Maple Grove players sat in the Target Field infield in disbelief as Burnsville players celebrated the Class 3A championship after a seventh-inning rally. Marlin Levison, Star Tribune
From all angles, it looked like it would be a terrible case of déjà vu. One year after losing to Eden Prairie in the same game — falling just short on a late-inning rally — Burnsville’s players loudly stated they would not let that happen again.
Down 5-0 with one out in the seventh, the Blaze came alive and scraped together five hits to stage a seemingly impossible six-run rally and set up a walk-off single from Bo Hellquist for the 6-5 victory in the Class 3A championship — the first in school history for Burnsville — on Wednesday night at Target Field.
In some ways, the fire started with a weak popup in the fourth inning. Entrenched in a pitchers’ duel between Burnsville’s Quinn Johnson and Maple Grove’s Mitch Bauer — with each striking out four and holding the offenses scoreless through four — Hellquist popped up to the shortstop, and half-heartedly trotted to first base.
“I chewed his butt out — that’s not how we do it,” Burnsville coach Mick Scholl said. “And I told him if he wants to hit again, he has to show me what he’s done the whole year.”
Hellquist’s response probably qualifies.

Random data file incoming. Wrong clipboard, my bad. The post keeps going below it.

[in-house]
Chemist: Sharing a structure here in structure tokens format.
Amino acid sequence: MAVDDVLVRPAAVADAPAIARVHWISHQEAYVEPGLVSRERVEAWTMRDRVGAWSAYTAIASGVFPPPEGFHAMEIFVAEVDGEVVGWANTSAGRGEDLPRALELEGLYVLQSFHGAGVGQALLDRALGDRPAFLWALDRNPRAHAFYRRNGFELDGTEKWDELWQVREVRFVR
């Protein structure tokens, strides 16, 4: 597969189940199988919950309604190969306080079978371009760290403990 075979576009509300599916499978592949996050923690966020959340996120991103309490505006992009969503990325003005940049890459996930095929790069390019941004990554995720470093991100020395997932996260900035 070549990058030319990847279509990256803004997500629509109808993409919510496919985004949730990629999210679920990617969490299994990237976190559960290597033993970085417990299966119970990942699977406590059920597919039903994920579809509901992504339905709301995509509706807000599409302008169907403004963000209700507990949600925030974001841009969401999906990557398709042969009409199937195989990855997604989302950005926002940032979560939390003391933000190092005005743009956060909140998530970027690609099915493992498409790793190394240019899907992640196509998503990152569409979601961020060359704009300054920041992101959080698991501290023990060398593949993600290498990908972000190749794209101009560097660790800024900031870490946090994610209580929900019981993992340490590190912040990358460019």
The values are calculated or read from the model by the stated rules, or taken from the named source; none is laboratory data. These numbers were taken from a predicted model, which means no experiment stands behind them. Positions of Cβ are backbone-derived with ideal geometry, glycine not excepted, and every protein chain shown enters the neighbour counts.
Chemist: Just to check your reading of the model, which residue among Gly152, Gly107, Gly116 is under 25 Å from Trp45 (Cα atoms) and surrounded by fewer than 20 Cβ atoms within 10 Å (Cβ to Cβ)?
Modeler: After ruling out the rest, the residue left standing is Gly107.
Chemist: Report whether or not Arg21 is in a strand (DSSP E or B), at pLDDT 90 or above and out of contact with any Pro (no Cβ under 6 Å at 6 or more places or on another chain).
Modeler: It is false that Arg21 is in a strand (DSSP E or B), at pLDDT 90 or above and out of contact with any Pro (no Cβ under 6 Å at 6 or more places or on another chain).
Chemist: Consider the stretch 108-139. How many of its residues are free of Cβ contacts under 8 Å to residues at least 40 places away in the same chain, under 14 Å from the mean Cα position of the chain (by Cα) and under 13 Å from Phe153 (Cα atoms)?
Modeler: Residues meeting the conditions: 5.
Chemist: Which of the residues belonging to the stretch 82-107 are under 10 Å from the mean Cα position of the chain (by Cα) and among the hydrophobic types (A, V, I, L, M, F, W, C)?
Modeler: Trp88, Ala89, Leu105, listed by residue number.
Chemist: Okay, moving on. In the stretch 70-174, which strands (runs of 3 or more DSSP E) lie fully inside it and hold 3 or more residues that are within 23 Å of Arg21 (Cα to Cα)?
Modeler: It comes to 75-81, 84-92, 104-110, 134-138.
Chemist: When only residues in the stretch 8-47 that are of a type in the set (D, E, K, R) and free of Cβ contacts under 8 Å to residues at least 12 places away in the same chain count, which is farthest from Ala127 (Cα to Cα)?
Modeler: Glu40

After the Crimson went ahead with a five-run explosion in the fifth, the Blaze went down 1-2-3 in the sixth. That set up Hellquist to lead off the seventh with a single, and after Bauer was able to get one out, the Blaze rally continued: Tyler Hill doubled in a run, then Dan Motl successfully bunted and Hill came home when Maple Grove first baseman Roman Collins turned his back after the play.
“I think [that] was the turning point,” Scholl said. “That’s when the belief really started to happen. Our kids — you could see the excitement on the bench, the crowd got into it, and that puts a lot of pressure on [Maple Grove].”
With the pressure mounting on Bauer and the Maple Grove defense, the Blaze pounced. The Crimson changed pitchers, but Jacob Schwager could not stop the carnage, getting one out sandwiched between a hit, a walk and a hit batter. Cue Hellquist’s second at-bat of the inning.
“There were a lot of jitters going through my body, knowing that the game rested on my shoulders and if I got out, we lose. But if I got a base hit, everybody was going to jump on me.”
With the bases loaded, he ripped one past the diving first baseman and into right field, sending two men home for the walk-off victory and sending his team — as he so coyly predicted — jumping on him on a pile on the field.
“I think I jumped higher than I’ve ever jumped in my life,” said Scholl, who swears he wasn’t surprised by the shocking rally, calling it “our motto all year.”
In the other dugout, a quiet Maple Grove team was left to wonder where an apparent title instead turned into their second loss of the season.
“After you get a few runs in the fifth, you’re trying to breathe a little easier but you’ve still got to get outs. And with baseball, unlike other sports, the clock doesn’t run out,” Crimson coach Darby Carlson said. “You’ve got to get them all.”